Rambles in the Mammoth Cave, during the Year 1844 eBook

This eBook from the Gutenberg Project consists of approximately 66 pages of information about Rambles in the Mammoth Cave, during the Year 1844.
Some of the party thrusting their heads and, in their anxiety to see, their bodies through the window into the vast and gloomy dome of two hundred feet in height.  The window is not large enough to afford a view to all at once, they crowd one on the top of the other; the more cautious, and those who do not like to be squeezed, stand back; but still holding fast to the garments of their friends for fear they might in the ecstasy of their feelings, leap into the frightful abyss into which they are looking.  Suddenly the guide ignites a Bengal light.  The vast dome is radiant with light.  Above, as far as the eye can reach, are seen the shining sides of the fluted walls; below, the yawning gulf is rendered the more terrific, by the pallid light exposing to view its vast depth, the whole displaying a scene of sublimity and splendor, such as words have not power to describe.  Returning, we ascended the ladder near Louisa’s Dome, and continued on, having the Labyrinth on our right side until it terminates in the Bottomless Pit.  This pit terminates also the range of the Deserted Chambers, and was considered the Ultima Thule of all explorers, until within the last few years, when Mr. Stephenson of Georgetown, Ky. and the intrepid guide, Stephen, conceived the idea of reaching the opposite side by throwing a ladder across the frightful chasm.  This they accomplished, and on this ladder, extending across a chasm of twenty feet wide and near two hundred deep, did these daring explorers cross to the opposite side, and thus open the way to all those splendid discoveries, which have added so much to the value and renown of the Mammoth Cave.  The Bottomless Pit is somewhat in the shape of a horse-shoe, having a tongue of land twenty seven feet long, running out into the middle of it.  From the end of this point of land, a substantial bridge has been thrown across to the cave on the opposite side.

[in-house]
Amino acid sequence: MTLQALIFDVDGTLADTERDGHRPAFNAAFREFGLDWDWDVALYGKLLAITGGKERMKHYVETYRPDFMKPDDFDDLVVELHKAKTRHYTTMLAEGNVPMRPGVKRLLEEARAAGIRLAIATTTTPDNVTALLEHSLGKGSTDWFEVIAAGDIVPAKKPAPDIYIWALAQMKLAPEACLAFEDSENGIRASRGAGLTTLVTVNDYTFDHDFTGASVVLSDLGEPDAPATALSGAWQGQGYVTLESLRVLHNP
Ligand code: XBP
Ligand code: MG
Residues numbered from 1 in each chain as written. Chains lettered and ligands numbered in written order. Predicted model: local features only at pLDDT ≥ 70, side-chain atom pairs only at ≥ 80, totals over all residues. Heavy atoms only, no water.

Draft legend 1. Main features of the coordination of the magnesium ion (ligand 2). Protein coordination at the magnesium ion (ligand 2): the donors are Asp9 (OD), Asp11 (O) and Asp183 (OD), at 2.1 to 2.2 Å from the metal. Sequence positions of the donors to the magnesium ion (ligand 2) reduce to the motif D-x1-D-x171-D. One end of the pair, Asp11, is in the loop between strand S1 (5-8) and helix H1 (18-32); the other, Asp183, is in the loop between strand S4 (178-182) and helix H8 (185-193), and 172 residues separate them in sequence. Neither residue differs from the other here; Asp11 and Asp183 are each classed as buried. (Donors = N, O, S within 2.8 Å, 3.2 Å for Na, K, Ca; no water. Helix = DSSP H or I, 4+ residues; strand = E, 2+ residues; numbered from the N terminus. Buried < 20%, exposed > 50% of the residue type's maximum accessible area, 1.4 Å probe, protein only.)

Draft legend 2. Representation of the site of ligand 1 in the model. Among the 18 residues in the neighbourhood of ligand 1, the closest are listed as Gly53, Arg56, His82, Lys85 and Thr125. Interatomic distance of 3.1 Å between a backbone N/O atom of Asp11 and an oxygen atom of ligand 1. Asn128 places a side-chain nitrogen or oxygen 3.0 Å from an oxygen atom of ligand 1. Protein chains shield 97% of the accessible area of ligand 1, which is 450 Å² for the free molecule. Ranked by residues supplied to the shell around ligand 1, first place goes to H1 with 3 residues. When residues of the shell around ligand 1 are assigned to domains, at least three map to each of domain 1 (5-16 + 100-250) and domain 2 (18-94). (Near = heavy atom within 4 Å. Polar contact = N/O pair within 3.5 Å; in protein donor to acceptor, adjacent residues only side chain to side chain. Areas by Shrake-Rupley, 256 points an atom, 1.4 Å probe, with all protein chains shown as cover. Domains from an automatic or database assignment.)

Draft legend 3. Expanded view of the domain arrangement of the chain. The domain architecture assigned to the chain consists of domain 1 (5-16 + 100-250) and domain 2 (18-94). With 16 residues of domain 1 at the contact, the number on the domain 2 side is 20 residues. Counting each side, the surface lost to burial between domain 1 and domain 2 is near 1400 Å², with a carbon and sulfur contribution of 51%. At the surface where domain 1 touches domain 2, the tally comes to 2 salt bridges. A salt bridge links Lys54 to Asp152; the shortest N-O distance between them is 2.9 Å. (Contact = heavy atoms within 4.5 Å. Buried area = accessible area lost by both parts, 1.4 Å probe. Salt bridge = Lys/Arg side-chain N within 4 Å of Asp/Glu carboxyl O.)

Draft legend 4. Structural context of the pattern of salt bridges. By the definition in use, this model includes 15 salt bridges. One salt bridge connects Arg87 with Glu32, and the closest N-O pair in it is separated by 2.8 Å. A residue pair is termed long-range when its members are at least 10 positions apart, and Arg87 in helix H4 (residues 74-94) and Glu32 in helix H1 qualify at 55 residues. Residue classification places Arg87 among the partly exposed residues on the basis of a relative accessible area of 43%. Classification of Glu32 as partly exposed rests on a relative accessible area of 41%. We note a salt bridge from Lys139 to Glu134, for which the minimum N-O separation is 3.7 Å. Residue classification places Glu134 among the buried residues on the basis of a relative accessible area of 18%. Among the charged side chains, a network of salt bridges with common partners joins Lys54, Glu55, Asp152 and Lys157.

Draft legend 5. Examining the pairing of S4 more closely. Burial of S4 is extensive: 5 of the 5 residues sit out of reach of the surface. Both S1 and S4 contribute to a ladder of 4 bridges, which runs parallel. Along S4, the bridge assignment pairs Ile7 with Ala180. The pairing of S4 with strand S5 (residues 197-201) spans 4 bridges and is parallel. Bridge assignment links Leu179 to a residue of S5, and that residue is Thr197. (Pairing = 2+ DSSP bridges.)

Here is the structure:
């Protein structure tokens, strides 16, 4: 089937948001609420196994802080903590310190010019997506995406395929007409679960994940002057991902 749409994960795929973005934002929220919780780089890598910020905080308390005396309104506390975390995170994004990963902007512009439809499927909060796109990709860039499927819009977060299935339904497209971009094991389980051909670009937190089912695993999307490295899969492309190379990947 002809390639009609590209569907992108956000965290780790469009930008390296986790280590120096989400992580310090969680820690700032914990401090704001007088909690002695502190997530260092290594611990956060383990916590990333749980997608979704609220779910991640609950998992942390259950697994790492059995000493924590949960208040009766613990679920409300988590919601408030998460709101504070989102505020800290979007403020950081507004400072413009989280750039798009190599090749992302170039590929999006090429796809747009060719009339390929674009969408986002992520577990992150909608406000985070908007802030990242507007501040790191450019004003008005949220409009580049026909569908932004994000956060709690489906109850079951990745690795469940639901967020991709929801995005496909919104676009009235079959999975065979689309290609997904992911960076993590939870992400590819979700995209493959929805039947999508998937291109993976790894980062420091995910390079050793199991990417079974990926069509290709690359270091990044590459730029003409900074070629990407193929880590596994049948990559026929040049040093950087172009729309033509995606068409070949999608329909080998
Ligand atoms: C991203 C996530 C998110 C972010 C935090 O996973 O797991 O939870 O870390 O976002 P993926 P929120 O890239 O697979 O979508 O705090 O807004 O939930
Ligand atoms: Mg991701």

[Illustration:  BOTTOMLESS PIT.  On Stone by T. Campbell Bauer & Teschemacher’s Lith.]

While standing on the bridge, the guide lets down a lighted paper into the deep abyss; it descends twisting and turning, lower and lower, and is soon lost in total darkness, leaving us to conjecture, as to what may be below.  Crossing the bridge to the opposite cave, we find ourselves in the midst of rocks of the most gigantic size lying along the edge of the pit and on our left hand.  Above the pit is a dome of great size, but which, from its position, few have seen.  Proceeding along a narrow passage for some distance, we arrived at the point from which diverge two noted routes—­the Winding Way and Pensico Avenue.  Here we called a short halt; then wishing our newly formed acquintances [Transcriber’s note:  sic] a safe voyage over the “deep waters,” we parted; they taking the left hand to the Winding Way and the rivers, and we the right to Pensico Avenue.


Pensico Avenue—­Great Crossings—­Pine Apple Bush—­Angelica’s Grotto—­ Winding Way—­Fat Friend in Trouble—­Relief Hall—­Bacon Chamber—­ Bandit’s Hall.

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Rambles in the Mammoth Cave, during the Year 1844 from Project Gutenberg. Public domain.
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